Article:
Root Canals Relieve Pain and Can Save Your Tooth
Many myths surround the endodontic procedure known as a root canal, and one of those is that this procedure is painful. Actually, this procedure relieves pain because the nerve which has become infected and inflamed within your tooth is removed and the tooth is then sealed to prevent further infections. This dental procedure can save your tooth and make it possible for you to avoid an extraction.
Once a tooth is removed, to keep your teeth from shifting either an implant or some form of denture will be needed to replace it. Not only will this be necessary to keep your smile, it may make the difference in whether other teeth are compromised too.
Why is a Root Canal Necessary?
To fully understand why a root canal might be considered is to fully understand how our teeth are constructed. There is the hard outer layer with which we are very familiar, but inside there is a softer area called the dentin and inside the dentin, an even softer tissue area called the pulp. The pulp is where the nerve and all the blood vessels are located within your tooth.
When you were little, and your teeth were developing, you needed your pulp and the nourishment it brought to your teeth. As an adult though, your teeth can get enough nutrients from the surrounding tissues and can survive without the pulp. This is what makes a successful root canal treatment possible.
When you hear the word Endodontics as it relates to dentistry, it simply means any treatment which is directed to the inside of the teeth. A root canal is such a procedure occurring when severe inflammation and or infection occur inside a tooth. This can be caused by a number of things, most commonly a chipped or cracked tooth, a bad crown, or a deep cavity infection. Sometimes trauma to the teeth can cause pulp damage too.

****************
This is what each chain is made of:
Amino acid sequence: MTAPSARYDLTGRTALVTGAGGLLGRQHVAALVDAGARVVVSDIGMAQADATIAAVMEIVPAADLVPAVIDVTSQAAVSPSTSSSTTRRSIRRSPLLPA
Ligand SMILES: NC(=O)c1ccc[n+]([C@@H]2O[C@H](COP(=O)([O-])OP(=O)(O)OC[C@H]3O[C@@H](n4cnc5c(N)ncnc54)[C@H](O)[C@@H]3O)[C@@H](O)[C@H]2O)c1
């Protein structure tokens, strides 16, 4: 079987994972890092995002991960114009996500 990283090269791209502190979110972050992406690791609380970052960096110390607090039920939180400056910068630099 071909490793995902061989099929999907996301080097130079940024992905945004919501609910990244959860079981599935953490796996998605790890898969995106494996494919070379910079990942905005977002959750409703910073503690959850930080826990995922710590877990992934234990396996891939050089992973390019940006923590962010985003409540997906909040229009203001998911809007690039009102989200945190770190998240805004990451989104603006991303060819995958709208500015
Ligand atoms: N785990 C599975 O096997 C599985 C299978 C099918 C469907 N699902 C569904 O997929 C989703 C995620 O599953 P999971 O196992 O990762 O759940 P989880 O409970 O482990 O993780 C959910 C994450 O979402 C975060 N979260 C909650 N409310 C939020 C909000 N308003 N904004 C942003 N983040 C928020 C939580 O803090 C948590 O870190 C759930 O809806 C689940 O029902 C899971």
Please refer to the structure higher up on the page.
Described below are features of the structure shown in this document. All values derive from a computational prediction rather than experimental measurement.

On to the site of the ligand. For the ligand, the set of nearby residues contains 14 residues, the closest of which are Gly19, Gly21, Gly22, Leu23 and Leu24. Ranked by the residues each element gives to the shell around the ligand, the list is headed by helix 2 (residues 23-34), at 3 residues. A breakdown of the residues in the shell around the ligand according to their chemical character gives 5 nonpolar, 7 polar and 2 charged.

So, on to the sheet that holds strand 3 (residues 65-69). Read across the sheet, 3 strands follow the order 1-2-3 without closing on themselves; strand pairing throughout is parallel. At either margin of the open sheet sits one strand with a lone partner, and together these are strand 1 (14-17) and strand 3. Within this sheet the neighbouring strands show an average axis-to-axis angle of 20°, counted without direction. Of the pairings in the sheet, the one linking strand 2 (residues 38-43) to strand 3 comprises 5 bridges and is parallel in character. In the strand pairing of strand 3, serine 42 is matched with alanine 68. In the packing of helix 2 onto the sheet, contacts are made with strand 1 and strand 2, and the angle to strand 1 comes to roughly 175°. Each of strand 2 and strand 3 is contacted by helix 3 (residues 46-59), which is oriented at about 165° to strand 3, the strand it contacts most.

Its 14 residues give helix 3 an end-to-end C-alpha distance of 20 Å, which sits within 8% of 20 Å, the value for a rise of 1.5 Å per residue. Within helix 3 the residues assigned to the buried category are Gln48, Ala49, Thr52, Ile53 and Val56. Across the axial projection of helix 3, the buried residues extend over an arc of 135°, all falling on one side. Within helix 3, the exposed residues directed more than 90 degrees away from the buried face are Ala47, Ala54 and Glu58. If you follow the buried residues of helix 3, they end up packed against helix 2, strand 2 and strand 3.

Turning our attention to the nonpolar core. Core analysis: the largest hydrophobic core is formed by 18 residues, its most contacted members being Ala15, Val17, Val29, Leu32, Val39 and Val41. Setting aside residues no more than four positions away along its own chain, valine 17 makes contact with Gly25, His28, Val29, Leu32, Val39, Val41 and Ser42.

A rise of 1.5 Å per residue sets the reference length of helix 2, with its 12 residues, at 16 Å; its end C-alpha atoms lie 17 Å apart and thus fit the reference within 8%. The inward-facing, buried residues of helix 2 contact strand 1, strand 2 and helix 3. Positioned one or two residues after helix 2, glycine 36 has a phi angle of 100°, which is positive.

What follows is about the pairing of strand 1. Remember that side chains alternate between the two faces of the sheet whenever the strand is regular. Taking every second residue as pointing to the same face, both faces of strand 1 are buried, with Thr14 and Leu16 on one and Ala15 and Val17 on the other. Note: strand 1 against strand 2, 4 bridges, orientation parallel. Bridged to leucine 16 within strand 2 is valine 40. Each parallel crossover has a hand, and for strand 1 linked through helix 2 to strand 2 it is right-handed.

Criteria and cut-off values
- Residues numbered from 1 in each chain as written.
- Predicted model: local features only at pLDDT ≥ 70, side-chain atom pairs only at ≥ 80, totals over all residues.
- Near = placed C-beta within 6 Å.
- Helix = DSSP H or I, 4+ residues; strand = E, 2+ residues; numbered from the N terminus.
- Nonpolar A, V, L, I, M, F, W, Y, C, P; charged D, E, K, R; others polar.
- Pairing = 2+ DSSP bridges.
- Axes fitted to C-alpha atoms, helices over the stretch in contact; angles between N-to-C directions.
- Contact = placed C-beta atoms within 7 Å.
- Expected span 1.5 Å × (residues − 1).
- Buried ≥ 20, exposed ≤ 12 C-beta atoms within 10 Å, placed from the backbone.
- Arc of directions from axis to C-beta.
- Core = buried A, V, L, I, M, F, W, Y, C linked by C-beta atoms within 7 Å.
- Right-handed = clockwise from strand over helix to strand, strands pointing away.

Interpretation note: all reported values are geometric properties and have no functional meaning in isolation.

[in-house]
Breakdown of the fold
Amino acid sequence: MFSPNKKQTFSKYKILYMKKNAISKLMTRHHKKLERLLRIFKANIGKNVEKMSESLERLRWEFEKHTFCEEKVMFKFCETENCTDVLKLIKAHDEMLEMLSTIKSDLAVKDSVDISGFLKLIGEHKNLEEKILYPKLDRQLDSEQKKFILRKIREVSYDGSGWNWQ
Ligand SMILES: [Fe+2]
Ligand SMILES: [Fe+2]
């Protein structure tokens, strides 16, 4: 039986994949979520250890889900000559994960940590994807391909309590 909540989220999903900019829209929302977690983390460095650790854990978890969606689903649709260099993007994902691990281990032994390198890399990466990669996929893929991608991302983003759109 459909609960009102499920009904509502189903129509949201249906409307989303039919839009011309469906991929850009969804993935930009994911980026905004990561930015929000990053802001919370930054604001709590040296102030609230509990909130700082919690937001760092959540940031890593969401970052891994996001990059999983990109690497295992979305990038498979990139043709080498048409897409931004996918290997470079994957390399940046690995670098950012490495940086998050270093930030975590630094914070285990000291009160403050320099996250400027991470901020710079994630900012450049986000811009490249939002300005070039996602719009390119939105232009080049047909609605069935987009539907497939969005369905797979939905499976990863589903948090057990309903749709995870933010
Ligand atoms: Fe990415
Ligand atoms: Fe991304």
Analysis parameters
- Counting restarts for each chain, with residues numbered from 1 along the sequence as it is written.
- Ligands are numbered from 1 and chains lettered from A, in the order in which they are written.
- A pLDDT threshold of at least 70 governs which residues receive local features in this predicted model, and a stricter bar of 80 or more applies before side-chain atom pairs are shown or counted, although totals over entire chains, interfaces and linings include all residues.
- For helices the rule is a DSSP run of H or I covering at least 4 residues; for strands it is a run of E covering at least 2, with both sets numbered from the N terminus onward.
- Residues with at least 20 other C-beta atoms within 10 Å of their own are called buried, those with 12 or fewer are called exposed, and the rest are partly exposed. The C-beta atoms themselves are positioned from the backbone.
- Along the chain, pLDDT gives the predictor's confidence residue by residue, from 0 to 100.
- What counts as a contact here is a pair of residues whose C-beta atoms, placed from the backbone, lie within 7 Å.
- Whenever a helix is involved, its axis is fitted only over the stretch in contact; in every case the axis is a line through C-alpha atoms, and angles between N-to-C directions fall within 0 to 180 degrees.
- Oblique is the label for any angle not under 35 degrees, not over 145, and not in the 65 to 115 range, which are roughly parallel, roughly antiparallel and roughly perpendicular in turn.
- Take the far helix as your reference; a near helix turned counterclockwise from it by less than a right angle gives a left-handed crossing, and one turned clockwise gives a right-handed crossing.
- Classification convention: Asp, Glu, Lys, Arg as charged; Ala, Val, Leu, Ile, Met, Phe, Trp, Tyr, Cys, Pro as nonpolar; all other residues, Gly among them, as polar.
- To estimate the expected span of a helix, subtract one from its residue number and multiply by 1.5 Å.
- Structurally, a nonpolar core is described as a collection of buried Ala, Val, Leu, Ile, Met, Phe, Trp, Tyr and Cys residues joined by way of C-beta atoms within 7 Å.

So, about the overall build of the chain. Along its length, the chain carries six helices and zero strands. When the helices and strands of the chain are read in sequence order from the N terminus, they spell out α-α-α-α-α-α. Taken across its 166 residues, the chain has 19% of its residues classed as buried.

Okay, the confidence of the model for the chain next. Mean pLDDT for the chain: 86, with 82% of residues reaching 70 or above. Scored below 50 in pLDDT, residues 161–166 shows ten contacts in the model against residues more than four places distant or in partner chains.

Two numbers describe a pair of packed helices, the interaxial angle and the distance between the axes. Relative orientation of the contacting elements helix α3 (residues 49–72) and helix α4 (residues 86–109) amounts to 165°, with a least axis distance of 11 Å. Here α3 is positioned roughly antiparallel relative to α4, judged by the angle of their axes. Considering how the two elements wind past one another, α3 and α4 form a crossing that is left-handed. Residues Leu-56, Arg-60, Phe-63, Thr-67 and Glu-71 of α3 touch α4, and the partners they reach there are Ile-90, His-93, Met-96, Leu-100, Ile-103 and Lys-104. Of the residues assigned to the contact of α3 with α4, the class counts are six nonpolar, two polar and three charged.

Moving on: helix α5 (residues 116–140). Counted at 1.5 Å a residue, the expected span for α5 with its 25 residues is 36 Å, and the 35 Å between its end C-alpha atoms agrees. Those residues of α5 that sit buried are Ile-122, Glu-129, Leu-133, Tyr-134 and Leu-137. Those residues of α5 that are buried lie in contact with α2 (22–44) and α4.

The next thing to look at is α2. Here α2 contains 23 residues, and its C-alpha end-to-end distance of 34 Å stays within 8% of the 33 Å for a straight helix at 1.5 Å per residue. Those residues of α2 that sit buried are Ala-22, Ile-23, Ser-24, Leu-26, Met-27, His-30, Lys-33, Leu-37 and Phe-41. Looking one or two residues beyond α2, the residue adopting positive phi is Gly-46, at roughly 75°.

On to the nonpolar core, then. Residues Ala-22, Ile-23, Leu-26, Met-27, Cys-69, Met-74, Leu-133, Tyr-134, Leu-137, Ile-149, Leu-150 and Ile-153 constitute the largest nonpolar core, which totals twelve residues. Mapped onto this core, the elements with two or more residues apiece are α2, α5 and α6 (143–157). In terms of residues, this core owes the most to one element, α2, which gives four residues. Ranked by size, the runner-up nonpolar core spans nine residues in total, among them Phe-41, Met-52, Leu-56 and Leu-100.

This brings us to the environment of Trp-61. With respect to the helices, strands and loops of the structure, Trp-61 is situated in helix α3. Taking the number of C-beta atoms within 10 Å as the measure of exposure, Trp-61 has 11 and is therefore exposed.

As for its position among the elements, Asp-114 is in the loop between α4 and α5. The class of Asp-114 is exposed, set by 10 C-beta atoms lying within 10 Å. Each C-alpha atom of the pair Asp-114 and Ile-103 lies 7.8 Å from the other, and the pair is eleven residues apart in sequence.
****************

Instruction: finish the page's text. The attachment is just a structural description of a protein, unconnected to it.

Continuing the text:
What Happens to My Tooth During a Root Canal Procedure?
Root canal procedures for the most part have become routine practice in dentistry, and can normally be taken care of in one visit. There may be circumstances that require a second visit, but usually it can be done in one visit. Your dentist will drill into your tooth and expose the nerve and the root(s) of the tooth. He or she will carefully clean out and disinfect the area, then carefully fill and seal the tooth. Ultimately, a crown will cover the tooth to protect the dental work. You will not be having a painful experience with either the procedure itself, not the aftermath. Your pain or toothache will be gone.
Saving your tooth has many benefits that will be lost if you simply have it removed (extracted). Saving your tooth will prevent surrounding teeth from excessive wear and tear, will leave your teeth looking natural, will allow you to continue chewing effectively, and will keep your mouth feeling normal while you are chewing your food.
In other words, this procedure could save you future dental work, make you look natural, and best of all this tooth should last for the lifetime of you and your teeth.
Filed under: Surgical Dentistry
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